Offering the salad bar to the 350 students at Prince Charles Secondary School (PCSS) in Creston BC seems a natural endeavor. The Creston Valley with its fertile soil and unique micro climates offers some of the best growing conditions in the province. The valley is abundant with fruit trees, market gardens, dairy farms, one that produces its own cheeses, beef cattle and all the fresh eggs you can eat. Miles of hay fields and one of the biggest growers of asparagus in BC make Creston home. A few students live on farms or gain employment during the cherry harvest but the connection between the agricultural abundance of the valley and students is limited.

Involving students in a Farm to School program in a secondary school setting is much different than in an elementary setting. Classes are singularly focused with specific academic goals and time frames. The art of farming involves subjects such as math, science and physical exercise along with the arts for inspiration and the obvious life skills in cooking, harvesting and preserving we want to incorporate it all!

PCSS is not equipped with any cafeteria infrastructure. The school is surrounded by fast food restaurants and a 7 Eleven store where students have been buying their lunches for years. With that kind of competition tickets for the Salad Bar are the best value in town. Educating people when it comes to healthy food choices, life styles and their impacts is challenging, never mind educating teens. At first we couldn’t even give free tickets away for the salad bar. Students said they didn’t eat vegetables, we had to convince them to try it! A particular student who usually came without lunch went hungry instead of trying the salad bar. That challenged us to make very different kinds of salads for students who don’t like vegetables. By June said student was unnecessarily turning on the charm to get a Salad Bar ticket. A small but significant victory!

The support of a Foods teacher, the Resource Teacher and EA and the First Nations Support EA were key to getting students involved in the salad bar. Students were seeding and tending to plants in the greenhouse, chopping, slicing and dicing vegetables, making salad dressings and soups or helping set up tables. As well as making their own no-sew aprons. The leadership class presented a survey to students about the salad bar and their interest in the actual growing and farming of food. All that information adds to our ideas for next year.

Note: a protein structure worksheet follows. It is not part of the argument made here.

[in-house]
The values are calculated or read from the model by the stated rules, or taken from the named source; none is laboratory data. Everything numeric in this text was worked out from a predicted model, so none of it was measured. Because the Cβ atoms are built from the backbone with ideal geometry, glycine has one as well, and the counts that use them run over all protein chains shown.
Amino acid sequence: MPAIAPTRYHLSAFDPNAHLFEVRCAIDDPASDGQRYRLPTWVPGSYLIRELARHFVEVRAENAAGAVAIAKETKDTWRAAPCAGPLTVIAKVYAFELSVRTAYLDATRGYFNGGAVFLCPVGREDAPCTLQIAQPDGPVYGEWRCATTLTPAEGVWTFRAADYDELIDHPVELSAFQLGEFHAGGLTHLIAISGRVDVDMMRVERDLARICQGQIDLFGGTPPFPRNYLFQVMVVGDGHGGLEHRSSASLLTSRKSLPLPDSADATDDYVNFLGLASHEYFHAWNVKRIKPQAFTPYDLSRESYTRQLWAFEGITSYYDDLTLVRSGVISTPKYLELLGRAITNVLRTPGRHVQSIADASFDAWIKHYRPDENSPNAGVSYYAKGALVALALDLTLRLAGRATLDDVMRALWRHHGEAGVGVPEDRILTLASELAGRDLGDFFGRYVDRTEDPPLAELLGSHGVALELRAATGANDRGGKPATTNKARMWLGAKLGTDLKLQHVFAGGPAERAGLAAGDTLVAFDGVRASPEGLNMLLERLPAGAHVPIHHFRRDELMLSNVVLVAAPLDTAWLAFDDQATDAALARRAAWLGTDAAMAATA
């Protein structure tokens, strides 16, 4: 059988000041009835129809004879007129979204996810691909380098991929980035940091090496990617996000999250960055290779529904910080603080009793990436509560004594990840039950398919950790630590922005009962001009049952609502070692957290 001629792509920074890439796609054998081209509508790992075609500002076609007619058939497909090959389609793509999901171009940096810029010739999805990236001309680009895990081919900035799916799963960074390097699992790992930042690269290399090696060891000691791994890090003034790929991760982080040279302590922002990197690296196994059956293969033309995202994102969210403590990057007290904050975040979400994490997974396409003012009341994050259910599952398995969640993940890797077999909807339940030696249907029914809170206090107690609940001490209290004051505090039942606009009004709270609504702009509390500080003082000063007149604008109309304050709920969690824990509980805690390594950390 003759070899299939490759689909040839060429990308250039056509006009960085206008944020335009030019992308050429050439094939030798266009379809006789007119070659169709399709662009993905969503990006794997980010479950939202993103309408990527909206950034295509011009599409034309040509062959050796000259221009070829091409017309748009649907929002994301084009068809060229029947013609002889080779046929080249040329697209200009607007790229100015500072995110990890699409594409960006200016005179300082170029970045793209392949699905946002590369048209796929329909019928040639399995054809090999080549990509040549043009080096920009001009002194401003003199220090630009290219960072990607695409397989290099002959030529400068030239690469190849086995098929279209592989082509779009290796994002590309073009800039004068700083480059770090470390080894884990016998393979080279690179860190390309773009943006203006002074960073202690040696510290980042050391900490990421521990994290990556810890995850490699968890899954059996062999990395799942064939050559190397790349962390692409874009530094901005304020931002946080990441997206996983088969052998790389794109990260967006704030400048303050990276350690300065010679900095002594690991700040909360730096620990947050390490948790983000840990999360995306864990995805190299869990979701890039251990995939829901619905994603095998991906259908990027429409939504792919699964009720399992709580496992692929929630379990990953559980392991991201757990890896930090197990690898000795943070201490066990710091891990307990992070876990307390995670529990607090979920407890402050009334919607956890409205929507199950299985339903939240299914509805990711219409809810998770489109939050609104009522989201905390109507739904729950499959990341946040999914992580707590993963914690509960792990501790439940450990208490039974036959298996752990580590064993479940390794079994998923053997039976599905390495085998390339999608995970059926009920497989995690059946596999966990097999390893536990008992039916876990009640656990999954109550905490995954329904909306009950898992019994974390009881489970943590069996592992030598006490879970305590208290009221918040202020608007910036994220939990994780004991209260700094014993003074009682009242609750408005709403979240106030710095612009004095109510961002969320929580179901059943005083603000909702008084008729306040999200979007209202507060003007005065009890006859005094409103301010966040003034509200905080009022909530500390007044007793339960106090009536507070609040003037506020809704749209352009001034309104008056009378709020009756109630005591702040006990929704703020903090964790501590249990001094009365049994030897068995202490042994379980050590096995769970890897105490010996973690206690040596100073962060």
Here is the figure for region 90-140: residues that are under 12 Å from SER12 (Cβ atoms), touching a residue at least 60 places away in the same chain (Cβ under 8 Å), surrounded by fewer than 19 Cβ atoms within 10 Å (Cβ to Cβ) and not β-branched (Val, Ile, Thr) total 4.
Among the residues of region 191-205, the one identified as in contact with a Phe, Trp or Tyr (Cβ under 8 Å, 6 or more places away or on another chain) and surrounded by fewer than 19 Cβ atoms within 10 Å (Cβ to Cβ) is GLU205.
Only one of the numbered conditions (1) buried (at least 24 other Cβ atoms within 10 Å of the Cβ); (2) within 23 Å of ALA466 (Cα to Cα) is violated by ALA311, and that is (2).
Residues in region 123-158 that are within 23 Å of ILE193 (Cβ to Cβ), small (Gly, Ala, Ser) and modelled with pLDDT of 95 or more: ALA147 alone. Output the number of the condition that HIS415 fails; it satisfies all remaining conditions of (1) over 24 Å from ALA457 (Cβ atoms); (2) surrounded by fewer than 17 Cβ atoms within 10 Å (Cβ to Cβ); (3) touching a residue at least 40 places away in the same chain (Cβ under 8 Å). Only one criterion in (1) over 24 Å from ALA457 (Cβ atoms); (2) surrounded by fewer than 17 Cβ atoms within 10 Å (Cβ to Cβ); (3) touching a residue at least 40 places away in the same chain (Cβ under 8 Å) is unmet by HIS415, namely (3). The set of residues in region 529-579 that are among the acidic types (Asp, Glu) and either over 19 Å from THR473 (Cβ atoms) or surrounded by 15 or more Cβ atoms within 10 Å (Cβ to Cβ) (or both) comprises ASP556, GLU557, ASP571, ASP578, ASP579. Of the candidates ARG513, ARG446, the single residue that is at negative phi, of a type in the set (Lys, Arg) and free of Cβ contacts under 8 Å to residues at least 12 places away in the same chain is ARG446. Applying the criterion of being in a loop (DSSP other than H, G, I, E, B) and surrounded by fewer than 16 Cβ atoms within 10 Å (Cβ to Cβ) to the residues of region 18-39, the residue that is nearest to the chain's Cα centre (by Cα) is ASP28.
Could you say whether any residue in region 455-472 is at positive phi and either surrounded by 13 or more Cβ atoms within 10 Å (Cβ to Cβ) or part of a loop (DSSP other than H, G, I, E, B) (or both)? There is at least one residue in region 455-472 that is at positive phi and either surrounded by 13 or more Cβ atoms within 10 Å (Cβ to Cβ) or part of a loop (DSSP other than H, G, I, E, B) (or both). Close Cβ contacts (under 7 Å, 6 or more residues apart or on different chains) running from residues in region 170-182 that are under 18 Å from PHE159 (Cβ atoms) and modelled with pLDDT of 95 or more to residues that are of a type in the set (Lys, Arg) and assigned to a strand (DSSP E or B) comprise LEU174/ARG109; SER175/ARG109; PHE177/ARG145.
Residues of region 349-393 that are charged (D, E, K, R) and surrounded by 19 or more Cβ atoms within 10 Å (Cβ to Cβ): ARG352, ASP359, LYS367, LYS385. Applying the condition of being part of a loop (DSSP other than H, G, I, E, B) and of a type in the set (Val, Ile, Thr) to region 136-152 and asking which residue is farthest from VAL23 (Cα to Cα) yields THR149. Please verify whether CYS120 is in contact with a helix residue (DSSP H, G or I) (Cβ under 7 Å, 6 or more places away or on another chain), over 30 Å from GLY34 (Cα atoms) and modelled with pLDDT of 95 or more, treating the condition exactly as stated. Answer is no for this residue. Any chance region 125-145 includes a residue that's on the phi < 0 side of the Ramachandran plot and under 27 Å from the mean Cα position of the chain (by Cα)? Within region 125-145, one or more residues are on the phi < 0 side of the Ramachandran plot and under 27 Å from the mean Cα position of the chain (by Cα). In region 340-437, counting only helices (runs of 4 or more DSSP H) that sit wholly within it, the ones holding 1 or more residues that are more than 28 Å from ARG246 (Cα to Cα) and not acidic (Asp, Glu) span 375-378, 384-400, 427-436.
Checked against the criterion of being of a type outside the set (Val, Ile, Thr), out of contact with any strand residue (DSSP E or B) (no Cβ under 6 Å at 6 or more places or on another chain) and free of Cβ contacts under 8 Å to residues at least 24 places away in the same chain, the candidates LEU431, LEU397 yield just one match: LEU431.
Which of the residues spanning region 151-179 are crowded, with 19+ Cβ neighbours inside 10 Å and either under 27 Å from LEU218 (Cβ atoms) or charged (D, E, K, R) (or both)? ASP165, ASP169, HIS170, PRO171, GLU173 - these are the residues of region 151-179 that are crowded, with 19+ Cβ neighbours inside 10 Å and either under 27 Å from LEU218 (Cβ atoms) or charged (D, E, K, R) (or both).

There are two beautiful greenhouses owned by The College of the Rockies (COTR) across the street from PCSS. They run without heat in the winter however one class planted seeds and harvested different lettuces, herbs, and beans in late spring. Which has inspired us to grow greens in a mini greenhouse over winter next school year and to start earlier in the college greenhouse too.

The theme at the end of our first year of the PCSS Farm to School Salad Bar seems to be the same as many farmers: next year.

Next year we would like more connection between students and others helping with the Salad Bar. The Special Needs program at PCSS has flexibility and capacity along with their teacher and EA supporters to do a lot of the practical work for the PCSS Farm to School Salad Bar. The junior cooking classes along with their teacher also do a lot of work. Students in the Special Needs program are integrated into classes everyday but we would like to integrate a few typical students into the Special Needs class with everyone working towards the same Farm to School Salad Bar goal. It is still integration with a different dynamic but the same benefits and more for everyone.

Next year we want parents to know more about the salad bar. A challenge in secondary schools every where is communication. There is so much happening at a secondary school for students to share. Combine that with some teens reluctance to engage in conversations and parents need to focus on big, important topics and understandably the salad bar information gets lost.

We’d also love to include parents in the preparation of the salads and soups. Students can make parents feel that there aren’t many opportunities for them to help at the Secondary level, it’s a teen thing. But helping in the kitchen feels safe for everyone. You may not see your child but for all the right reasons your child will know you’re there.

The farming community has been very supportive of the Farm to School Salad Bar at PCSS. It is hard to find a time that farmers are not busy to discuss all the future plans we would like to initiate. There is so much more to the prepared food that you see sitting on your plate. The Creston Valley provides the perfect opportunity for students to gain an appreciation for the amount of time, work, skill and cooperation from Mother Nature needed to produce that soup and salad.

Next year we’ve a few ideas planned to give free tickets for the salad bar, it’s a way to include students without means for lunch without singling anyone out. We’ll give teachers tickets to give away to students, we’ll have a draw for students to enter a teacher’s name. We’ll ask the math and science questions relating to farming and post poems or art about food and give a ticket to the first right answer. We also want a catchy name for the PCSS Farm to School Salad Bar. A naming contest is in order!